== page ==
Politico

Cotton vs. Ryan: Battle of the GOP bigwigs

Written by Lisa

Paul Ryan is going all out to sell Americans on his three-step plan to fix the health care system, even delivering an elaborate PowerPoint lecture before a phalanx of TV cameras last week.

Tom Cotton laid waste to the entire thing with just a few words.

“The so-called three-phase plan is nothing but politician’s talk,” Cotton told Politico in an interview this week. “It’s all talk.”

The Arkansas senator and the House speaker — both young, ambitious and potential White House material — are engaged in a surprising confrontation these days. And it could bring down Ryan’s signature legislative efforts to undo Obamacare and overhaul the tax code.

On paper, they have more in common than not — both are low-tax, strong-on-defense, small-government conservatives. But over the past several months the two have come off as polar opposites: the wonky and methodical Ryan vs. the decisive and divisive Cotton. While Ryan famously broke with Donald Trump late in the campaign, only to mend fences after the election, Cotton stuck by Trump throughout.

Both are now trying to be top Trump allies, but they are pulling the president in different directions. In the case of Obamacare, Ryan appears to be working closely with Trump to push their bill through Congress, while Cotton is imploring everyone to ease up on the gas pedal. While Ryan argues that the whole party ran on his “Better Way” agenda, which included the broad strokes of Obamacare repeal and replace, Cotton says Ryan wasn’t actually prepared for the immense task of moving major health care legislation through Congress.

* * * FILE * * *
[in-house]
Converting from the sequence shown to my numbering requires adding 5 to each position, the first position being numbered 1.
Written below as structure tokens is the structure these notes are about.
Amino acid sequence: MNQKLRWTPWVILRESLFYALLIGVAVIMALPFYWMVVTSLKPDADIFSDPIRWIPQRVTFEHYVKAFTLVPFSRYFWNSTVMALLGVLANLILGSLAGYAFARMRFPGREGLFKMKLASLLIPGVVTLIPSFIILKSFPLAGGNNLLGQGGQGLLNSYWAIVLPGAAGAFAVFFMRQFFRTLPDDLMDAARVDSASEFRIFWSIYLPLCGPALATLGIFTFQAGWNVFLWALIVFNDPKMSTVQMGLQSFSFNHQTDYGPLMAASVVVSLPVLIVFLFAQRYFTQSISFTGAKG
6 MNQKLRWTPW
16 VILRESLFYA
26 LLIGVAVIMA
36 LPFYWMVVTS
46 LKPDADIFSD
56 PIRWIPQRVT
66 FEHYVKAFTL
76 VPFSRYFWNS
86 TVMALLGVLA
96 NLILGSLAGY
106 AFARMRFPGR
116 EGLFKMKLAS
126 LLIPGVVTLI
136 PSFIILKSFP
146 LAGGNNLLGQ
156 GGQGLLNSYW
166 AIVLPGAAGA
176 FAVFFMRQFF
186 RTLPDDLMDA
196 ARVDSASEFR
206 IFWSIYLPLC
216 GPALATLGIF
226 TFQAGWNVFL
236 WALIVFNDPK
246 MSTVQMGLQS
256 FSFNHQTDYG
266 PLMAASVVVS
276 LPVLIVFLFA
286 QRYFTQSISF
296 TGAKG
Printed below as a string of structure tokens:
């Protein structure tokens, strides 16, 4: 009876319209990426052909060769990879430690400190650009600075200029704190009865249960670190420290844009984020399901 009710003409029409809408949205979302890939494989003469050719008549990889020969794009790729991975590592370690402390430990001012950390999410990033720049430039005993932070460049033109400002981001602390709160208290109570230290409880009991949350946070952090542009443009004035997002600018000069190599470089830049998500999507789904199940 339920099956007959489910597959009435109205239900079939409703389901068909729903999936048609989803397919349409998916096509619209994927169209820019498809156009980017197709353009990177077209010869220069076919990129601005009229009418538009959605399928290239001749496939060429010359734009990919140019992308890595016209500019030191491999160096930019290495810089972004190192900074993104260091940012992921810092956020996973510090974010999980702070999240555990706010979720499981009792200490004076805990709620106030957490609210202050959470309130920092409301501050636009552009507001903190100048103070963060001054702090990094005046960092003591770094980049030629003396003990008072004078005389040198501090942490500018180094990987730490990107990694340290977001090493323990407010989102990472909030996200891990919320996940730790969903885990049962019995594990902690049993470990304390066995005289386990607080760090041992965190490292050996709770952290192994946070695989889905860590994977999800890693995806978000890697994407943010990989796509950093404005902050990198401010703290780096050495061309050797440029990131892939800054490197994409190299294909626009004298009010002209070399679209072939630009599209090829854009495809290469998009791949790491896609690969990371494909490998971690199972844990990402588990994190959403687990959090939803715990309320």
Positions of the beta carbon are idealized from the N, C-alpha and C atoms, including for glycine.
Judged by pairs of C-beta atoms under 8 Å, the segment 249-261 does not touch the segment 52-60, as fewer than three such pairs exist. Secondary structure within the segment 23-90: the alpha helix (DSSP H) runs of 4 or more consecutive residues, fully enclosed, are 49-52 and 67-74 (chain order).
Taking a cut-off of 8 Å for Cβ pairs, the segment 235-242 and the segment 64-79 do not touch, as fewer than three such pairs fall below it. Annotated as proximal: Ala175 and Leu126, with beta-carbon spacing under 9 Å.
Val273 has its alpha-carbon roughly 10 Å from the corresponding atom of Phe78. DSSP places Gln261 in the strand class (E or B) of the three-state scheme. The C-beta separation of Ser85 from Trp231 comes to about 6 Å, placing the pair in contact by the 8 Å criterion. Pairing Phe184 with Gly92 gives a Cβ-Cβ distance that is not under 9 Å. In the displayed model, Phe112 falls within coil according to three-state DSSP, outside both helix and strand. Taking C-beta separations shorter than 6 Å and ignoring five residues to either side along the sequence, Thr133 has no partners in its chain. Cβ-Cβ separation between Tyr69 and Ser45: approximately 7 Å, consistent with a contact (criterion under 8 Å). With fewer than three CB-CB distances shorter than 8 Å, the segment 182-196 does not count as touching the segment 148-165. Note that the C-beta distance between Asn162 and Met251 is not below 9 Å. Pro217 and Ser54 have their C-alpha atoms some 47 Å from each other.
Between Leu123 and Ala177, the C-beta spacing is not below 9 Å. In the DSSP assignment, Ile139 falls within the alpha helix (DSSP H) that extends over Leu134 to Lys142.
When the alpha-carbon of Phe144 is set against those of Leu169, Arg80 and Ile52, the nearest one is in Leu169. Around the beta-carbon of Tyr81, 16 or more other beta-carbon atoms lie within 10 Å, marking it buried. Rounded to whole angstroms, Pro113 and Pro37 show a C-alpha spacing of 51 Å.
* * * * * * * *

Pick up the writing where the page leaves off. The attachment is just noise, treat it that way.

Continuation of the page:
“The House has moved much too quickly. I understand that the House had a ‘Better Way’ pamphlet,” Cotton said. “But we did not produce legislative text on those principles until last Monday night.”

The rivalry is riveting the Capitol, causing senators and House members to take sides between the speaker and the senator: Do they agree that Ryan is rushing the process and could cost House members their seats, as Cotton explicitly warned this week? Or is Cotton just not a team player Republicans can rely on?

“Sen. Cotton is saying House members shouldn’t vote for this. I don’t think that’s helpful,” said Sen. Roger Wicker (R-Miss.), who is close to Senate Majority Leader Mitch McConnell. “To say to House members ‘You’re going to [lose reelection] because this doesn’t have a chance over [in the Senate]’ is overly pessimistic and not helpful.”

For critics of Ryan’s approach, Cotton has opened up a new line of attack against Ryan’s attempts to placate Republicans concerned that the House bill will cause premiums to rise and coverage to decrease in the near term. Ryan says there will be two additional stages after Congress passes Obamacare repeal on party lines: First, the administration will make additional regulatory fixes on its own. And then, the speaker says, Democrats will come around and cooperate with the GOP on additional changes to round out the health care reform effort.

Dream on, say Cotton and his allies, who doubt Democrats will ever come off the sidelines.

“The third bucket will never materialize,” agreed Sen. Ted Cruz (R-Texas). He calls it the “sucker’s bucket.”

Cotton isn’t alone among detractors of Ryan’s approach, but his criticism, along with Sen. Rand Paul’s, has been the most biting among Republicans. And though Cotton has implored fellow GOP senators to resist the speaker’s efforts at party lunches, he’s done the most damage speaking out in public.

Cotton said he has not spoken privately with Ryan about Obamacare or tax reform despite his vehement opposition to the speaker’s proposals. The Arkansas senator last month also blasted Ryan’s proposed border adjustment tax, which would tax imports and is a keystone of his tax reform proposal. “Some ideas are so stupid only an intellectual could believe them,” Cotton said. He didn’t mention Ryan by name but didn’t exactly need to. And that came after Ryan told senators not to comment on the idea.